# Constraining a polymorphic type

I've got a range type defined as:

``````type 'a range = Full | Range of ('a * 'a)
``````

However, I'd like to constrain 'a to be integer or float or char, with no other valid types for 'a.

``````Range(0,10) (* valid *)
Range(0.0, 10.0) (* valid *)
Range('a', 'z') (* valid *)
Range("string1", "string2") (* other types like this shouldn't type check *)
``````

I figured that I could change my type definitions to:

``````type sequential   = S_int of int | S_float of float | S_char of char ;;
type range = Full | Range of (sequential * sequential);;
``````

However, this would then allow something like:

``````Range(S_int(0), S_float(10.0));; (* problem: mixes int and float *)
``````

...but I want both components of Range to be the same type.

I suppose that another approach would be to create an int_range type, a float_range type, and a char_range type but I'm wondering if there's another way?

-

## 3 Answers

Taking a hint from what Haskell would do (declare a type class `(Sequential a) => Range a`) you could use a functor:

``````module Range (S : sig type t end) = struct
type range = Full | Range of (S.t * S.t)
end
``````

and use it to provide the required modules:

``````module IntRange   = Range (struct type t = int   end)
module FloatRange = Range (struct type t = float end)
module CharRange  = Range (struct type t = char  end)
``````

The downside is that you lose parametricity on `range`; the upside is that your parametric functions on `range`s now live inside the module `Range`, as they probably should.

In general, `Range`s will make a number of demands of `Sequential`s in order to compensate for the loss of parametricity. These requirements can be cleanly specified in the signature of the functor parameter:

``````module type SEQUENTIAL = sig
type t
val to_string : t -> string
val compare : t -> t -> int
(* ... *)
end

module Range (S : SEQUENTIAL) = struct
type t = Full | Range of (S.t * S.t)
let to_string = function
| Full -> "full"
| Range (lo, hi) -> "(" ^ S.to_string lo ^ "," ^ S.to_string hi ^ ")"
let make lo hi =
if S.compare lo hi > 0 then Range (hi, lo) else Range (lo, hi)
end
``````

To instantiate the `Range` at a specific type you now need to provide a structure that properly parameterizes it:

``````module IntRange = Range (struct
type t = int
let to_string = string_of_int
let compare = Pervasives.compare
end)
``````

Then you can use it like this:

``````# IntRange.(to_string (make 4 2)) ;;
- : string = "(2,4)"
``````

(using the new syntax for delimited overloading). If you need to hide the implementation of `Range`s behind a signature, you might need to re-export the type of `SEQUENTIAL`s, much as the data structures in the standard library do:

``````module Range (S : SEQUENTIAL) : sig
type elt = S.t
type t = private Full | Range of (elt * elt)
val to_string : t -> string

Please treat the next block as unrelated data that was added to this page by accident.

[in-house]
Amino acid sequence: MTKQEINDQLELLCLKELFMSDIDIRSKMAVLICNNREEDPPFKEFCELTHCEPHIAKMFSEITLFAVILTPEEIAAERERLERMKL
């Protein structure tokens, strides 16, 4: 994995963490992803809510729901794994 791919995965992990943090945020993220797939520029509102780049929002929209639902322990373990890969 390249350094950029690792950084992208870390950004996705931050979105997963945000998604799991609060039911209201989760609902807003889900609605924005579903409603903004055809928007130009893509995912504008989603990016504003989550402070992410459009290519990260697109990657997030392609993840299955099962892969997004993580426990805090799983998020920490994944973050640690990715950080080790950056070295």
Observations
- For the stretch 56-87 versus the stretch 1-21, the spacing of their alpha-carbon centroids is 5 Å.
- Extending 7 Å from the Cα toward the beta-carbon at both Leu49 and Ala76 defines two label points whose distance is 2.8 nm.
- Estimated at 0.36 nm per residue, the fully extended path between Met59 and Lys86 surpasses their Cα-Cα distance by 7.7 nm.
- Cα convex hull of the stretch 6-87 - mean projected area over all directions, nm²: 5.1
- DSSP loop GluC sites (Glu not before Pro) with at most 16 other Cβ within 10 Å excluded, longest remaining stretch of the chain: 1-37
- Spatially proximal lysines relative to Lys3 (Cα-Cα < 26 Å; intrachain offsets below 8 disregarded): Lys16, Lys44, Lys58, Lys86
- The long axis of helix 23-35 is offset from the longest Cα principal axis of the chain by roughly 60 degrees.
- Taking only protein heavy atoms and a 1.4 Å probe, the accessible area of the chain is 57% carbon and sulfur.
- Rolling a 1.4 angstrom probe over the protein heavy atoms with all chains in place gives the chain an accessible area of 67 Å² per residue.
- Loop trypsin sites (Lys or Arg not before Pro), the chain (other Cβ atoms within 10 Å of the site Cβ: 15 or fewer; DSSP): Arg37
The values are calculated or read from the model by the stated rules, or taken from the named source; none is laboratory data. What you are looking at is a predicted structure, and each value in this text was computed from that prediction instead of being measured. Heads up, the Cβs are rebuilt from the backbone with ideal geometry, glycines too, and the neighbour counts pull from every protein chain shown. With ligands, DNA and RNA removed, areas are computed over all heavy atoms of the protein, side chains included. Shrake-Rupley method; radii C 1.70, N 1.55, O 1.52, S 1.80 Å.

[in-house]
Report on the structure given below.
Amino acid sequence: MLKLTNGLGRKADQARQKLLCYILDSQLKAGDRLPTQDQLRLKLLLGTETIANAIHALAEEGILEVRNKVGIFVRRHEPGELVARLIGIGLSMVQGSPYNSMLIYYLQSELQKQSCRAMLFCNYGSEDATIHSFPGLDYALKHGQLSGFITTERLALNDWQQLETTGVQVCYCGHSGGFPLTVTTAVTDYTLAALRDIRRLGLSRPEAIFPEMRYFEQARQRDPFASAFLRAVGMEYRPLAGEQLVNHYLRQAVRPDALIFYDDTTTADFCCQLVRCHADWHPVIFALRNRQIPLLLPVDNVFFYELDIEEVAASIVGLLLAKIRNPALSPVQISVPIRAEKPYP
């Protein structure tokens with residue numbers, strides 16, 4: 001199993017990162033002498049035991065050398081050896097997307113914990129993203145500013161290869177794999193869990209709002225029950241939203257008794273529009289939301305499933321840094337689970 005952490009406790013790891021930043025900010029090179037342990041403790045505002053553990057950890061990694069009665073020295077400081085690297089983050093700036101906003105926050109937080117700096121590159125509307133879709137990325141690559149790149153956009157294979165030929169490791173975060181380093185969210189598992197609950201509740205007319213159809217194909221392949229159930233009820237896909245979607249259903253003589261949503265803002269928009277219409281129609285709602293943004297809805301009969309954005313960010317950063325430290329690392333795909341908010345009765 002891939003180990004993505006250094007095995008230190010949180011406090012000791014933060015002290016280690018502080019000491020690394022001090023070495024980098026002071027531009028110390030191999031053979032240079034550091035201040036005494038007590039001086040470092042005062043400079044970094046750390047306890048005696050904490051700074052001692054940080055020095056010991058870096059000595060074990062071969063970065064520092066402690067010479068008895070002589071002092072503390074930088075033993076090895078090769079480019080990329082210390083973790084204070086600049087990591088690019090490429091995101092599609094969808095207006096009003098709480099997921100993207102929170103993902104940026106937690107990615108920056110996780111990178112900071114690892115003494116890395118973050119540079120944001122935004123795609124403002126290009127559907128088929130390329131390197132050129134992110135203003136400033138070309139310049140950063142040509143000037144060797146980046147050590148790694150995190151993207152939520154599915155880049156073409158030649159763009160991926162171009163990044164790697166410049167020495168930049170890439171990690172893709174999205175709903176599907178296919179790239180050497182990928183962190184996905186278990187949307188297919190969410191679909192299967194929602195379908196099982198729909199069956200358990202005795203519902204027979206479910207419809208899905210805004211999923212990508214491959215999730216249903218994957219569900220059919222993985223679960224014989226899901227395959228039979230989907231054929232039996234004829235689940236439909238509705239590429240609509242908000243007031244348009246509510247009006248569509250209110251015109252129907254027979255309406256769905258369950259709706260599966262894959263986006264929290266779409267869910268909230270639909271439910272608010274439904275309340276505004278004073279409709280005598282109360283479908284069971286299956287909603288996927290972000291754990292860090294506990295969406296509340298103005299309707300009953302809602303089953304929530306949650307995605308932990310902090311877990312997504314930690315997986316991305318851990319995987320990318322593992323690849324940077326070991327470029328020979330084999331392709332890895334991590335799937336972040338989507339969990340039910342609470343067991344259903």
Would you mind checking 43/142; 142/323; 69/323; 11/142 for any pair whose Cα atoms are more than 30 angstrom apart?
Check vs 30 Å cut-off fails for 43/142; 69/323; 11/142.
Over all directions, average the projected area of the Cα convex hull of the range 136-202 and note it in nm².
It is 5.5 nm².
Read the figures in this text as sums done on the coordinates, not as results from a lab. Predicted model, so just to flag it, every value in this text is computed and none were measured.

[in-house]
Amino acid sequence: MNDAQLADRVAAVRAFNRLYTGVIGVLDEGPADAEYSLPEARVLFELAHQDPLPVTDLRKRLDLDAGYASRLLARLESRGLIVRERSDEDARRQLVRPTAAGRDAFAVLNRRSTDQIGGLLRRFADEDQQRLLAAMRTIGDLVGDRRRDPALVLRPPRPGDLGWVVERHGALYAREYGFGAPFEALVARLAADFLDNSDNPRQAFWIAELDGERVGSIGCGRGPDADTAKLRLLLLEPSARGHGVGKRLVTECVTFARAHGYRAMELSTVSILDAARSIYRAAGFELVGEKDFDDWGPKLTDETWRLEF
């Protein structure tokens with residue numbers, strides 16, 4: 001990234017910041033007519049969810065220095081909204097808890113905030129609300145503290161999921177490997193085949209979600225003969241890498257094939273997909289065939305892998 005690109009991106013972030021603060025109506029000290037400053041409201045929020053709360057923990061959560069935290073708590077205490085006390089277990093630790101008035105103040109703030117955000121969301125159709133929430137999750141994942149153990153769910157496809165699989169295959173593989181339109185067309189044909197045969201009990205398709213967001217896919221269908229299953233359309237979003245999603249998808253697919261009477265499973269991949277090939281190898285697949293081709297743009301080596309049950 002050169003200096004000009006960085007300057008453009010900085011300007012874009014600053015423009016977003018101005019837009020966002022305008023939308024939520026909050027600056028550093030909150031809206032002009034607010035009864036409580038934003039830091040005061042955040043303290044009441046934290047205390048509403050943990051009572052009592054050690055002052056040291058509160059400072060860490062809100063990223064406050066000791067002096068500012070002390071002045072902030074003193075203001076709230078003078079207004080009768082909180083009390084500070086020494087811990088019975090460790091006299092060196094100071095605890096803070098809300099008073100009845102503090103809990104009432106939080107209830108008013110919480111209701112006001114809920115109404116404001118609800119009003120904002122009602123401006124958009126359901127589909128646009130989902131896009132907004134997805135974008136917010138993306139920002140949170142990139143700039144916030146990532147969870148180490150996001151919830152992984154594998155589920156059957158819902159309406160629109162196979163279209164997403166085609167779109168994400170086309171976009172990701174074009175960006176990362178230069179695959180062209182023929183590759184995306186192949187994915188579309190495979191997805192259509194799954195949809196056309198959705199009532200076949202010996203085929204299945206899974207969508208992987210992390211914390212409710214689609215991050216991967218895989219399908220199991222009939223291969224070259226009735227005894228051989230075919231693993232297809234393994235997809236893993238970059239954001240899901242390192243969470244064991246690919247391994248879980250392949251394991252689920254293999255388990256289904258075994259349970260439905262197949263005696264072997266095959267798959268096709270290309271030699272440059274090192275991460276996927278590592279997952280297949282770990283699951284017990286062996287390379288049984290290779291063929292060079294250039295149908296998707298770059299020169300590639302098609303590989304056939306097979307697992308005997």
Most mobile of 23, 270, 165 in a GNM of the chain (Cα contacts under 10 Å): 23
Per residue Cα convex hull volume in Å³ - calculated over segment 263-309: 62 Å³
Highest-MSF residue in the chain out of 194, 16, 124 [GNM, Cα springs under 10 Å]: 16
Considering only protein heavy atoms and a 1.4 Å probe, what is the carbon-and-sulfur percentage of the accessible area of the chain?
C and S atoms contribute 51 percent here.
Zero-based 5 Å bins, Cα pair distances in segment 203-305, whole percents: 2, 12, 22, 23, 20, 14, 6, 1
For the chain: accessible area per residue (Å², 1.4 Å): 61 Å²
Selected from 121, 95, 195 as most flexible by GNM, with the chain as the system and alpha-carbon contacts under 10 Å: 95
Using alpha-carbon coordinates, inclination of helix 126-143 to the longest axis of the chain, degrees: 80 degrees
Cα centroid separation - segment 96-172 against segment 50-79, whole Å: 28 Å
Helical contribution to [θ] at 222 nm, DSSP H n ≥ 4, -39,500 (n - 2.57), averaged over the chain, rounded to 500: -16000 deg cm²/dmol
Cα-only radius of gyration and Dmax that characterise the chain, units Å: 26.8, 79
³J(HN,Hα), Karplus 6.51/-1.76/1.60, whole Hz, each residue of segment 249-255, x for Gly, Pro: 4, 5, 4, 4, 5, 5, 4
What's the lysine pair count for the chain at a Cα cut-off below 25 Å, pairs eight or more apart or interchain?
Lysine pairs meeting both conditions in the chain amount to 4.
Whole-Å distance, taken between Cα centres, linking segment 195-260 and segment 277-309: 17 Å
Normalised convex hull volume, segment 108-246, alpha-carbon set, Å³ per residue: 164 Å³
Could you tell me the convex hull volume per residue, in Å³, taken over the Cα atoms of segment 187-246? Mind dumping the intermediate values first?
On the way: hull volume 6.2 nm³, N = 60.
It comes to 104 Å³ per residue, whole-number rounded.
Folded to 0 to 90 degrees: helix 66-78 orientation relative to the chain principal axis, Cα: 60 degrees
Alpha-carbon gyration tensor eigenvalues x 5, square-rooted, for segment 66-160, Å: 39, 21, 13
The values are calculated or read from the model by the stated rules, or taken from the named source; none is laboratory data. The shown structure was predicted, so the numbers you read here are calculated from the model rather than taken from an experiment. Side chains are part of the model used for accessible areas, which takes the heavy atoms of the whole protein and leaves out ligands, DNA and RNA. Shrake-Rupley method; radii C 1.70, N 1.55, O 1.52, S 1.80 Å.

val make : elt -> elt -> t
end = struct
type elt = S.t
type t = Full | Range of (elt * elt)
let to_string = function
| Full -> "full"
| Range (lo, hi) -> "(" ^ S.to_string lo ^ "," ^ S.to_string hi ^ ")"
let make lo hi =
if S.compare lo hi > 0 then Range (hi, lo) else Range (lo, hi)
end
``````

This gives you encapsulation and translucent types that can be pattern-matched but not constructed. An alternative to declaring `private` types in the signature is to use a view type or a destructuring function.

-
Nice, but taking this to the next level: let's say I want to convert Ranges to strings: How would I define a to_string function in the Range module that would do (S.t -> string) ? –  aneccodeal Jun 3 '11 at 19:32
You need for `SEQUENTIAL` (as a module signature) to provide `Range` with a `to_string`. In effect, every specific requirement on `S.t`s that `Range`s have must be explicitly provided for in the functor parameter. –  user593999 Jun 4 '11 at 8:28
to use it: module IntRange = Range (struct type t = int let to_string v = string_of_int v end) ;; let r = IntRange.Range(1,10) ;; IntRange.to_string r ;; –  aneccodeal Jun 5 '11 at 4:14
@aneccodeal: yes, I've expanded a bit the example to show how to instantiate the module, how to use the resulting module and possible avenues of extension. –  user593999 Jun 5 '11 at 14:19
@Matías, thanks, very nicely documented. One question: Is this new syntax for delimited overloading in 3.12? Or is it a camlp4 syntax extension? When I google the term, it seems to be the latter, not built in. Is this a proposed 3.13 feature? –  aneccodeal Jun 6 '11 at 4:51

Another approach is to declare type private and expose functions constructing it only with the types you want, e.g. :

``````module Z : sig
type 'a range = private Full | Range of ('a * 'a)
val int_range : int -> int -> int range
val float_range : float -> float -> float range
val string_range : string -> string -> string range
val full : 'a range
end = struct
type 'a range = Full | Range of ('a * 'a)
let create x y = Range (x,y)
let int_range = create
let float_range = create
let string_range = create
let full = Full
end

# open Z;;
# int_range 2 3;;
- : int Z.range = Range (2, 3)
# Range ('a','c');;
Error: Cannot create values of the private type char Z.range
``````
-

OMG modules are so complicated!

``````type 'a range' = [`Full | `Range of 'a * 'a]
type range = [
| `Int_range of int range'
| `Float_range of float range'
]
``````

Oh dang, we need to add another one:

``````type xrange = [
| range
| `String_range of string range'
]
``````
-
But this allows: `Int_range('a','z');; : [> `Int_range of char * char ] = `Int_range ('a', 'z') (for example). –  aneccodeal Feb 21 '14 at 23:51